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Women and the COVID-19 Pandemic: The “Shecession”

The term “mancession” was coined by an economist during the Great Recession of 2008 to describe its overwhelming impact on men in the workplace, being that the two largest industries then affected were largely male dominated – financial services and construction. The term “shecession” is now being used to reflect the impact of the COVID-19 pandemic on the employment and working life of women who have experienced the negative effects of COVID-19 at a much steeper rate than men. The COVID-19 pandemic has changed the way most businesses operate and will continue to do so. These changes have, no doubt, affected all sectors of the workforce, but research has shown that working women have been far more negatively impacted by these changes than working men and have borne the brunt of the pandemic and will continue to do so in terms of their long-term careers. In this paper, we will explore the breadth of this development, the root cause of it, and what employers can do to address these changes and to alleviate the harm that has been done and continues to be done on a gender basis.

The Statistics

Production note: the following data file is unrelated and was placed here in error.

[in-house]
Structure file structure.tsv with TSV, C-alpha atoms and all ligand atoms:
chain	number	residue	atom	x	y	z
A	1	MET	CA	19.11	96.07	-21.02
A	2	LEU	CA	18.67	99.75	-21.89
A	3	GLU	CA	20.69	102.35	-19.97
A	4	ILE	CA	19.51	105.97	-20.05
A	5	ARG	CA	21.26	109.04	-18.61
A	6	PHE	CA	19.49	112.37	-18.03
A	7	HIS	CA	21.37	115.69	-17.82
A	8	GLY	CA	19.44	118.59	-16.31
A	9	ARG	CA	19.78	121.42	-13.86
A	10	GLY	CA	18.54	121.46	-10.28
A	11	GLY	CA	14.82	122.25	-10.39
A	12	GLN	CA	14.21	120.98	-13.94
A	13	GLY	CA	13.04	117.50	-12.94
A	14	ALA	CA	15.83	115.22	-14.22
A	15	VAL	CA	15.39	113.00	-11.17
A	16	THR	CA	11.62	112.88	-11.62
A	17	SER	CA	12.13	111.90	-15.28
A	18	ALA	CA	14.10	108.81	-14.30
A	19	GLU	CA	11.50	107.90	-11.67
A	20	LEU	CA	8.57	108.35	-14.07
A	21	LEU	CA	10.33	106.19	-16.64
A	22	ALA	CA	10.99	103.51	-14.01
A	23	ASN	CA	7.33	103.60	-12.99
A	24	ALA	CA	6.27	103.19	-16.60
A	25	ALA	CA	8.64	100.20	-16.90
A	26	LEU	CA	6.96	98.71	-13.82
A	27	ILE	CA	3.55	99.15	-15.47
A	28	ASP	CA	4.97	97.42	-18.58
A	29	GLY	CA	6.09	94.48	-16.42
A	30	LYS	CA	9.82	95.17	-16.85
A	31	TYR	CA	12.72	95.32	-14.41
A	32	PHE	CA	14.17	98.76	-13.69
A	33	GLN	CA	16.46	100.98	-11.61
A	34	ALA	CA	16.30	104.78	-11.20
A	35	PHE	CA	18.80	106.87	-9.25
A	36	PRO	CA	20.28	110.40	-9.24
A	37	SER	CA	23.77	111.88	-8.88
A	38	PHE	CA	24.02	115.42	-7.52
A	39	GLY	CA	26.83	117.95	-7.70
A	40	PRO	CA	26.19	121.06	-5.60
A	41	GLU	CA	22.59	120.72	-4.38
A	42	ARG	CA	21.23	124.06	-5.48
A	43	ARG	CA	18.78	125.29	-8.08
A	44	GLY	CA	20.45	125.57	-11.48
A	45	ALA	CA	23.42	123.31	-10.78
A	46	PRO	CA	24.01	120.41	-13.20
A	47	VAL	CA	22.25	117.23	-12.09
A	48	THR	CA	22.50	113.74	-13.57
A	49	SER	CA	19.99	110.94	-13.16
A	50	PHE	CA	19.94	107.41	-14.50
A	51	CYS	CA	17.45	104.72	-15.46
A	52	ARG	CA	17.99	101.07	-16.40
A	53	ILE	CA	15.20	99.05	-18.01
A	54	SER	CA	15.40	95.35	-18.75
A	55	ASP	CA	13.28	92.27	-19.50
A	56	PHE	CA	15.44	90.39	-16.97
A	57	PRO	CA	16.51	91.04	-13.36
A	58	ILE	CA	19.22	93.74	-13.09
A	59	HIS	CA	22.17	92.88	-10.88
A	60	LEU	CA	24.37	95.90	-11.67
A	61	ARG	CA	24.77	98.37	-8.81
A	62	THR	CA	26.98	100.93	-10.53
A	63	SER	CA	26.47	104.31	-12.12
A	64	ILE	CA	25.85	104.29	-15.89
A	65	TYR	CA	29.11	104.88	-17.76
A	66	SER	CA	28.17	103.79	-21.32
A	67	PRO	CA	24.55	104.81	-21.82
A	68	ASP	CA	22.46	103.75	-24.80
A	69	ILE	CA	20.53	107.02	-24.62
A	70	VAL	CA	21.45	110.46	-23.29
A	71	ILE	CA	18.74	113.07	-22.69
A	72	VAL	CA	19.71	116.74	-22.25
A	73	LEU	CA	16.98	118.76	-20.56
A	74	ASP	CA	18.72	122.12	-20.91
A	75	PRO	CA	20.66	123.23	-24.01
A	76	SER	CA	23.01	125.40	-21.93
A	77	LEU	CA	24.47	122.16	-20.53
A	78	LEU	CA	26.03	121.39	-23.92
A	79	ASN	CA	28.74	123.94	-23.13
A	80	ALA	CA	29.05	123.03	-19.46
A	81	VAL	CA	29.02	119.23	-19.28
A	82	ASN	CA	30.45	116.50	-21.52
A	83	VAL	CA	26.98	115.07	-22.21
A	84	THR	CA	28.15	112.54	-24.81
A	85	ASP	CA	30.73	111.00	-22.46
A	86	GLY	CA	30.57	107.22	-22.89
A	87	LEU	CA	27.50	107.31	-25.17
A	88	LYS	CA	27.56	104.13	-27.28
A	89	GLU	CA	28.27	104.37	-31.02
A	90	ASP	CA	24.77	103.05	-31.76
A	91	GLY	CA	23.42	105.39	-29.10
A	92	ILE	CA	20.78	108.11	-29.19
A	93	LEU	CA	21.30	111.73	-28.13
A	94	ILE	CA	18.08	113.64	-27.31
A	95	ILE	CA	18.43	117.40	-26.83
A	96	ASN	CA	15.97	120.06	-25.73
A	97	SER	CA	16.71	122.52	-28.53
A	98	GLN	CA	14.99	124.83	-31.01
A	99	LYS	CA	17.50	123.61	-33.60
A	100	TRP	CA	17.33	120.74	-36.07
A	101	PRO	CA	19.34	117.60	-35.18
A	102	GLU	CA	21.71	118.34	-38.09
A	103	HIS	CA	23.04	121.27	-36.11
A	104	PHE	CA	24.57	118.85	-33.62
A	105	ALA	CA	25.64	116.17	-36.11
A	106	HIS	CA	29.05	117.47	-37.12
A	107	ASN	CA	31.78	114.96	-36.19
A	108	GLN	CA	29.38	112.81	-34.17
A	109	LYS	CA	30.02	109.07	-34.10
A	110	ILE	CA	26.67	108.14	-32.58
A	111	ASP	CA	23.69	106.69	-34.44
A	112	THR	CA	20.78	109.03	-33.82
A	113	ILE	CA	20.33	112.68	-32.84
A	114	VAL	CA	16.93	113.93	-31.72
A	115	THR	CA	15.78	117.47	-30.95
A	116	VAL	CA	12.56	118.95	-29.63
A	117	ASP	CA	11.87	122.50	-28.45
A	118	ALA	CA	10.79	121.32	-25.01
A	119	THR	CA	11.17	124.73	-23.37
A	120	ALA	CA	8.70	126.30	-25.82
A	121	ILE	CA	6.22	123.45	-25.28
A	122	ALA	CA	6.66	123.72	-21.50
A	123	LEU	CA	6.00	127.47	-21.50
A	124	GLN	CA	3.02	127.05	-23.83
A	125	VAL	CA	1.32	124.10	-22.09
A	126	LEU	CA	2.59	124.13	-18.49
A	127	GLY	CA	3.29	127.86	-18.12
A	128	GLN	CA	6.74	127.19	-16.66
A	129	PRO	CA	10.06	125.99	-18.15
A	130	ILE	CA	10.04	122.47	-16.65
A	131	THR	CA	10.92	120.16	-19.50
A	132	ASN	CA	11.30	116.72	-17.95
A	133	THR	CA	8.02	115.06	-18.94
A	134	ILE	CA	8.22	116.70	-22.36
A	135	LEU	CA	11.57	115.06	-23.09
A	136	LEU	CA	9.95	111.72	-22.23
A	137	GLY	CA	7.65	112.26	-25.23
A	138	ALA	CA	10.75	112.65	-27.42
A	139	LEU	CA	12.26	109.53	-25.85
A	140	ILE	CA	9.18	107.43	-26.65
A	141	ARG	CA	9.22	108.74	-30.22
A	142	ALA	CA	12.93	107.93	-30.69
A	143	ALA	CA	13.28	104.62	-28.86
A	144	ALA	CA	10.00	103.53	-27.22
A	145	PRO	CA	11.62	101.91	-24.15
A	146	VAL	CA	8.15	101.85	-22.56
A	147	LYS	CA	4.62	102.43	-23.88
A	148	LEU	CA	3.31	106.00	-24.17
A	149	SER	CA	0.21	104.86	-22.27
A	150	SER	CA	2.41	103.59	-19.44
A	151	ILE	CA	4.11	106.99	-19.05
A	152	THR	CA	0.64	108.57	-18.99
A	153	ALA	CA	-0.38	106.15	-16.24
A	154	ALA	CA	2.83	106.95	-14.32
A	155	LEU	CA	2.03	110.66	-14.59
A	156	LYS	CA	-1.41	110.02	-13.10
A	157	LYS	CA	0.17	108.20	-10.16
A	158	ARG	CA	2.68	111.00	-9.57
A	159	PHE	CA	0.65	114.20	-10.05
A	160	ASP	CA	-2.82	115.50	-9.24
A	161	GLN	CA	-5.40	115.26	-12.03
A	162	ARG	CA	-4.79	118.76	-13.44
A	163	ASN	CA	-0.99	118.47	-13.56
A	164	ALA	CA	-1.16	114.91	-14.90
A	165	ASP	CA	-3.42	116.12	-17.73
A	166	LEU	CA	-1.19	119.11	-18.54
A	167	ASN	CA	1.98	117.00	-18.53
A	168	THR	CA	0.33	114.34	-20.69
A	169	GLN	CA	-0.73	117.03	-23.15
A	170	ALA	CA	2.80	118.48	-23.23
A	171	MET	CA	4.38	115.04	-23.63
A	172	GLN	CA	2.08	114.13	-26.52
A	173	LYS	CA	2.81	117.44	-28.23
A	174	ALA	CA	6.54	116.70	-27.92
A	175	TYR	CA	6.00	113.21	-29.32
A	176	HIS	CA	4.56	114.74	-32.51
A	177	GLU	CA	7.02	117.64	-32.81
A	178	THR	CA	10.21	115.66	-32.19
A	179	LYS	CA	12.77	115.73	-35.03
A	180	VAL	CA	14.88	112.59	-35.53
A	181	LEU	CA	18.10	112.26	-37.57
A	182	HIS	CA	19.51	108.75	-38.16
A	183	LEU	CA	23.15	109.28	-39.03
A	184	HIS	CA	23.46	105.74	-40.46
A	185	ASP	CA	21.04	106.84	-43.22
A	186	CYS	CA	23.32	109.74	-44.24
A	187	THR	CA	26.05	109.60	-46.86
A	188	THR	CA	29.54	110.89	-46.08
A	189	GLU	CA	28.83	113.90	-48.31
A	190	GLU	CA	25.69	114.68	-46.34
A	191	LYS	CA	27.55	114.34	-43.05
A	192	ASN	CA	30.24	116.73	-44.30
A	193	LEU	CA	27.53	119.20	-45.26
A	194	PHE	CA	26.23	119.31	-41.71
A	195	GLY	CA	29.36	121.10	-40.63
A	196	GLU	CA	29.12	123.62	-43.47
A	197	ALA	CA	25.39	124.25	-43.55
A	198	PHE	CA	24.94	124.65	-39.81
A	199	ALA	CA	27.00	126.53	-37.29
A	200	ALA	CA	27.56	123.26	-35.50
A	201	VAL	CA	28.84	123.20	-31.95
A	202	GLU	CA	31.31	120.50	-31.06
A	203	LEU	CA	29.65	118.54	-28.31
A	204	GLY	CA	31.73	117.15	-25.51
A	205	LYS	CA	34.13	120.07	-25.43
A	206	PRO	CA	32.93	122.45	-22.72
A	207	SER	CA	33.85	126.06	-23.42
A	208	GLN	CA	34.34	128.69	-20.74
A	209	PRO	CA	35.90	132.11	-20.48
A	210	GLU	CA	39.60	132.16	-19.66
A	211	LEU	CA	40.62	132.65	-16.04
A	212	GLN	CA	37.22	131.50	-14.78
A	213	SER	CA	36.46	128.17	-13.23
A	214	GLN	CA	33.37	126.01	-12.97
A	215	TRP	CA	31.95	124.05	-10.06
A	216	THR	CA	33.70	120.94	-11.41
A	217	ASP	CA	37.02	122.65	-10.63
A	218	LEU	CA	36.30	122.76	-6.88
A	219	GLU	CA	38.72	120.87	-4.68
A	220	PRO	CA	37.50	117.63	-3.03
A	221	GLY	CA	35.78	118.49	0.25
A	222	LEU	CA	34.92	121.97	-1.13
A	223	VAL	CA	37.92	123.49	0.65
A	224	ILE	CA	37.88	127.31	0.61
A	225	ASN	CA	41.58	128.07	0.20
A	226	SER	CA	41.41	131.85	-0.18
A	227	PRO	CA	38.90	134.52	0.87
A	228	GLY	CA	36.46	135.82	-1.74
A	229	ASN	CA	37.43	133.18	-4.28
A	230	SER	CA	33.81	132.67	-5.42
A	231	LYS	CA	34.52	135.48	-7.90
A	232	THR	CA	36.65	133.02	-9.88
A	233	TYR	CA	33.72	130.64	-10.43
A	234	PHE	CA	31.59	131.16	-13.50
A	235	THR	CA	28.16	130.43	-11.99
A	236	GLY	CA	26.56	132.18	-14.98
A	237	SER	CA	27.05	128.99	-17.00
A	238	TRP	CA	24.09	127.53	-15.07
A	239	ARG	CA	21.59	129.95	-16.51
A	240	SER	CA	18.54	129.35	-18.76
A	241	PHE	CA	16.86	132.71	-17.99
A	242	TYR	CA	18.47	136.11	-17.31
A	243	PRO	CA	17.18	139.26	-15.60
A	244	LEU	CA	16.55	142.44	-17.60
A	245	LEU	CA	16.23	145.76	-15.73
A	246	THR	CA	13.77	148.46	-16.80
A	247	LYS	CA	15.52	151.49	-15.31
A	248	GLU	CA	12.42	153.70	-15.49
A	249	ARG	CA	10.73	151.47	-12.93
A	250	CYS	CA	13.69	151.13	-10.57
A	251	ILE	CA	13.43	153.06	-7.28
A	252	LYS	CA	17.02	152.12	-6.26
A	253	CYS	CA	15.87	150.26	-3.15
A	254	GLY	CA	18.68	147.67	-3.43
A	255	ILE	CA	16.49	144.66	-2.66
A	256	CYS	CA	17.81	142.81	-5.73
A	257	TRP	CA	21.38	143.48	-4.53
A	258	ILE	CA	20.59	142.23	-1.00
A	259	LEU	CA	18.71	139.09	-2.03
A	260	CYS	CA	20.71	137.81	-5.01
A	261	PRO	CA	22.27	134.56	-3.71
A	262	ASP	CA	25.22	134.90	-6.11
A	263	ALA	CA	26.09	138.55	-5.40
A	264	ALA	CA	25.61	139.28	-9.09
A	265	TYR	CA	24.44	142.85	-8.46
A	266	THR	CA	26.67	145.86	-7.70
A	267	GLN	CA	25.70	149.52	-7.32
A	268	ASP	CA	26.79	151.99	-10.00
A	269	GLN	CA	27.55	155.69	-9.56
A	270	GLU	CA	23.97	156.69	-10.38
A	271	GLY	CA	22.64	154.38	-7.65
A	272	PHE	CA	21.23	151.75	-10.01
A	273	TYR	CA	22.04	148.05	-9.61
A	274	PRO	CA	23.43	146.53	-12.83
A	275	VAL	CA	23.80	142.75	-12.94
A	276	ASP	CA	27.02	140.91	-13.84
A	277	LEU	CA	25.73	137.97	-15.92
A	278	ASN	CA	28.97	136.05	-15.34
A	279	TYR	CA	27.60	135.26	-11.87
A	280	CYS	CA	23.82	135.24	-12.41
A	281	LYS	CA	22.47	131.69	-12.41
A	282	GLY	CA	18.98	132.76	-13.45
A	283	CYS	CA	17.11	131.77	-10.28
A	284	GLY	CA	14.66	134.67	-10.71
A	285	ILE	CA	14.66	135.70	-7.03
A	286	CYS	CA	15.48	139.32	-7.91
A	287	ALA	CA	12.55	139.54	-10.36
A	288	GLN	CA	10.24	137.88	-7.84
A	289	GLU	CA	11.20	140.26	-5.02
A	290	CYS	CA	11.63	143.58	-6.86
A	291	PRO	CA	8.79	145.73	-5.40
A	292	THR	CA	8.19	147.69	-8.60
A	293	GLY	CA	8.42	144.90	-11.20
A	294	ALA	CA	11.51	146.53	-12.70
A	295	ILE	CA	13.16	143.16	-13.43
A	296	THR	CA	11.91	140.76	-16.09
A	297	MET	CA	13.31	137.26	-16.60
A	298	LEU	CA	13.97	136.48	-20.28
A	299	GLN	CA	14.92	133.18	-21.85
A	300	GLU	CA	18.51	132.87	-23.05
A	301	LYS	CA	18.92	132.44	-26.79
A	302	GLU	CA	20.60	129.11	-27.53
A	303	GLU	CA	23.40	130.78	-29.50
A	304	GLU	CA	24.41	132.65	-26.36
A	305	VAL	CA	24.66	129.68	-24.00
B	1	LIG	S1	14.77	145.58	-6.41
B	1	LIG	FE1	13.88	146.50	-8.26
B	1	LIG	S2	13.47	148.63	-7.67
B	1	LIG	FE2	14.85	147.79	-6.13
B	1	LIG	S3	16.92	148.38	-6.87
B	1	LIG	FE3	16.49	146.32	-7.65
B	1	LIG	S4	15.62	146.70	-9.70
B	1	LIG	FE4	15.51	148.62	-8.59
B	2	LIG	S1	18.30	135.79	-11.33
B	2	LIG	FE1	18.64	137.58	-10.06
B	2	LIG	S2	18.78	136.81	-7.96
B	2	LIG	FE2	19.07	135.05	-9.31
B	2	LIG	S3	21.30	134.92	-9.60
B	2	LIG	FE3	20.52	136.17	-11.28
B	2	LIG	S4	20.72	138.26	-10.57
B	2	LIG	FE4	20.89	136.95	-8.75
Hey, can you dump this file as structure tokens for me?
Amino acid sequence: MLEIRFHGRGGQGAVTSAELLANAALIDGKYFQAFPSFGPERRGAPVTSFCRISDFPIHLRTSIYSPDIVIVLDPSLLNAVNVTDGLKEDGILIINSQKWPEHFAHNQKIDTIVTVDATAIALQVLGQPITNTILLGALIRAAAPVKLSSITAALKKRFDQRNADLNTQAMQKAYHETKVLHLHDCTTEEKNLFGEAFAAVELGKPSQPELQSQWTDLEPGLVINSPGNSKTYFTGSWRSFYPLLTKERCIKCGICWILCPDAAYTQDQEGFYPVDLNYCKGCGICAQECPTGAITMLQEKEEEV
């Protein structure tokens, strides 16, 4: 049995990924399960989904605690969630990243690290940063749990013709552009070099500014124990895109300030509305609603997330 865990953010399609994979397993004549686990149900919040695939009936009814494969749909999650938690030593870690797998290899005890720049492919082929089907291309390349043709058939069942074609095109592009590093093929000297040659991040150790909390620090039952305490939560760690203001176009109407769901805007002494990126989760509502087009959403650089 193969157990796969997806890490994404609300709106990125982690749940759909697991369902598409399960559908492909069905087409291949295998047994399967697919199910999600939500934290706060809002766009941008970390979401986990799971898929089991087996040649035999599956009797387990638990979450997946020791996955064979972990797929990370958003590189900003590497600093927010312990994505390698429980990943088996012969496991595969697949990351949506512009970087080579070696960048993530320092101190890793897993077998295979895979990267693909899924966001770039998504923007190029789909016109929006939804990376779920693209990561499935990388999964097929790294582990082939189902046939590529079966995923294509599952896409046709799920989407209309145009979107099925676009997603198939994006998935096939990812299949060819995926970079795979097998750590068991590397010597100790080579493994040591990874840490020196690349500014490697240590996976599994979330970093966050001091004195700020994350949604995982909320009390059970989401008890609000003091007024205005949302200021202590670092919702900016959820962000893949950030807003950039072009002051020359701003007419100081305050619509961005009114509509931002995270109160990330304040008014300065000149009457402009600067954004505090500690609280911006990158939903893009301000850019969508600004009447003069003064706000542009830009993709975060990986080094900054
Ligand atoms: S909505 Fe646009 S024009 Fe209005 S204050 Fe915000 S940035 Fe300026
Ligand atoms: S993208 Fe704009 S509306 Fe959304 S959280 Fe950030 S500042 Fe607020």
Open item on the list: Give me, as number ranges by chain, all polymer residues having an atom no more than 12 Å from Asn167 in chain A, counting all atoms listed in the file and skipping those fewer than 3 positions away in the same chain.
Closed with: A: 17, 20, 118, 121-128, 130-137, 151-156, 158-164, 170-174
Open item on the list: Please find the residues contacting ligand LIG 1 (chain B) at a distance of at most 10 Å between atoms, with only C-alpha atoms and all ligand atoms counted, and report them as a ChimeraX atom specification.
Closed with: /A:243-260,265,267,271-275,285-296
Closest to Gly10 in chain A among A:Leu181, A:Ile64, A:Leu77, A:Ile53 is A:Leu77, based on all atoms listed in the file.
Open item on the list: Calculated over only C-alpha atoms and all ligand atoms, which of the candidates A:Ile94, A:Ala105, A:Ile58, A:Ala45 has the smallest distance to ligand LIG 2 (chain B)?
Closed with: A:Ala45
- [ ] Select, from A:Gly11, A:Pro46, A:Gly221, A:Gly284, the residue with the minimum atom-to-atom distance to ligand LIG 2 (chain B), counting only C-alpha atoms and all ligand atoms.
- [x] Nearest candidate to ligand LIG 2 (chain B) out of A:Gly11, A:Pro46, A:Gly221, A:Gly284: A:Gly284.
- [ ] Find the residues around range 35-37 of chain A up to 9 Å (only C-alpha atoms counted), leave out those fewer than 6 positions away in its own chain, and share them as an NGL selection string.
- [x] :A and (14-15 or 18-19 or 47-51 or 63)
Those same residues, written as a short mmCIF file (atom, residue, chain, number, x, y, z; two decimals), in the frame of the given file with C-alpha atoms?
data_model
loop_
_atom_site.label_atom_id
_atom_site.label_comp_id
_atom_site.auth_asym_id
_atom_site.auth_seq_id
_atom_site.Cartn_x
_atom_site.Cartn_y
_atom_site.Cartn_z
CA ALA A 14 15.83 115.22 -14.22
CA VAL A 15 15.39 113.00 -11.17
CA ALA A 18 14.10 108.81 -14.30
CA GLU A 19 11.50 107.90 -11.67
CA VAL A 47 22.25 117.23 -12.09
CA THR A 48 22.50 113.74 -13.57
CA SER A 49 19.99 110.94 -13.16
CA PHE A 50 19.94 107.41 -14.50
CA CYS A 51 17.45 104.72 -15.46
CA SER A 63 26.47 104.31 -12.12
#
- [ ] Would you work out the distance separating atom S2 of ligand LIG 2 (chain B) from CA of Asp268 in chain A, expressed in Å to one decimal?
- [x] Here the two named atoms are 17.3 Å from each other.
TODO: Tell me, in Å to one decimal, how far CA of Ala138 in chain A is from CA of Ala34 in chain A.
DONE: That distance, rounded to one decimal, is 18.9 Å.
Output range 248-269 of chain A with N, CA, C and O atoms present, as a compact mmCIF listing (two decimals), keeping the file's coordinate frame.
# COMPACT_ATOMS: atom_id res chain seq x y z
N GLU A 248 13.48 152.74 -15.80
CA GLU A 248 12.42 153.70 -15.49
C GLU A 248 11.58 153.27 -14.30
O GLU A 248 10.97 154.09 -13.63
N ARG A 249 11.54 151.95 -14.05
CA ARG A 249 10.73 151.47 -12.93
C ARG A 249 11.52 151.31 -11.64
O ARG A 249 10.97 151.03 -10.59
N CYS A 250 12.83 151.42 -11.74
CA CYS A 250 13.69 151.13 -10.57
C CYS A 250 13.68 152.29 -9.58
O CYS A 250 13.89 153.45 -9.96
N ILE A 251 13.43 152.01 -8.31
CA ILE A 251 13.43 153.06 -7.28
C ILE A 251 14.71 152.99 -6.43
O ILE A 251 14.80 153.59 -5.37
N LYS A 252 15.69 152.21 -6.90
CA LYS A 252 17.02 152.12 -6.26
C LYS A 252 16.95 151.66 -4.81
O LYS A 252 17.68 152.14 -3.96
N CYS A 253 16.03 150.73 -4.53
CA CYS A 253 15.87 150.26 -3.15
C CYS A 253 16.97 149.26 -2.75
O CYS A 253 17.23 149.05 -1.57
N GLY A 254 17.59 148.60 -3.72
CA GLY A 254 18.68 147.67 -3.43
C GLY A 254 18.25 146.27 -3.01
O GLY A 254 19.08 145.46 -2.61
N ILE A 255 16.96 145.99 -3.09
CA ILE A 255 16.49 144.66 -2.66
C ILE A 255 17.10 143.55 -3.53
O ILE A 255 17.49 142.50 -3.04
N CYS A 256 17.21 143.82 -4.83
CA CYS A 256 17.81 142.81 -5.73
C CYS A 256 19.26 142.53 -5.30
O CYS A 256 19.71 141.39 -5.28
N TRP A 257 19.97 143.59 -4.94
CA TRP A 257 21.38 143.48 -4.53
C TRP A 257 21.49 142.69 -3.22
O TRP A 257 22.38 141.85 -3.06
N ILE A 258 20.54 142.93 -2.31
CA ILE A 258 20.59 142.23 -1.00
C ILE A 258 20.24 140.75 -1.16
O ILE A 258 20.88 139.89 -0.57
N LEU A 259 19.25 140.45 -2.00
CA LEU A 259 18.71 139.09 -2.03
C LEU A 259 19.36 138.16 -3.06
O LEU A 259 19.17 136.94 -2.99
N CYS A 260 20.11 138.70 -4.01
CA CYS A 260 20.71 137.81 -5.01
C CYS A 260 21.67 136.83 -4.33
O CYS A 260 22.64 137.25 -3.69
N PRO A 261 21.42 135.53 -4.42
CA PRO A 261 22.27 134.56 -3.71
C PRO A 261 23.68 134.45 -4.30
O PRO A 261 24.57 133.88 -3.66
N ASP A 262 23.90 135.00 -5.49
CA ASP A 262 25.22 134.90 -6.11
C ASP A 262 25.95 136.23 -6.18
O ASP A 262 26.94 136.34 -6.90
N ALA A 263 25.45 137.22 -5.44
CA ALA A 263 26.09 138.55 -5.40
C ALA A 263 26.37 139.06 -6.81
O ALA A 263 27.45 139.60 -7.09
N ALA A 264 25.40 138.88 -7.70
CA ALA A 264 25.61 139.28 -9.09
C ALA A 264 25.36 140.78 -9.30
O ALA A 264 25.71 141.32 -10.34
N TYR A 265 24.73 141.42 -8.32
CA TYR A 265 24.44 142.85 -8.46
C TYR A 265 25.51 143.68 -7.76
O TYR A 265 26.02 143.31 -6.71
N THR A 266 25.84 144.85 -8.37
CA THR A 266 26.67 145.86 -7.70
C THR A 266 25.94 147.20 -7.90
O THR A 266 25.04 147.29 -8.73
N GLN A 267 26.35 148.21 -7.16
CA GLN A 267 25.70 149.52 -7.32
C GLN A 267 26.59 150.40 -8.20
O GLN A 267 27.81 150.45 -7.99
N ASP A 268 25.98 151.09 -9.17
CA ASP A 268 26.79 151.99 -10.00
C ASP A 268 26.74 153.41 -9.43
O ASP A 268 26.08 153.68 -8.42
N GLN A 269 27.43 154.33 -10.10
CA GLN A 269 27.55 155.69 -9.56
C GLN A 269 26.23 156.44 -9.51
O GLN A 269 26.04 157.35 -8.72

“At the beginning of 2020, the representation of women in corporate America was trending – albeit slowly – in the right direction. Between January 2013 and December 2019, the number of women in senior-vice-president positions increased from 23 to 28 percent, and in the C-suite from 17 to 21 percent.”[1] COVID-19 has resulted in a major setback for women in the workplace, with many mothers leaving the workplace, downshifting their careers and senior-level women reporting stress as the main reason. Various industry analysts predict that the small gains we saw in female representation in high level positions could be lost due to the pandemic.

The Covid-19 pandemic has forced women out of the workforce at disproportionately higher rates compared to men. According to data from the U.S. Department of Labor in September 2020, 865,000 women left the workforce because of the pandemic, almost four times more than men.[2] “Long-term joblessness increases the likelihood that an unemployed person will not return to the workforce. A study from the Federal Reserve Bank of New York found that the chances of an unemployed person finding a job drops 50% after eight months of consecutive unemployment.”[3]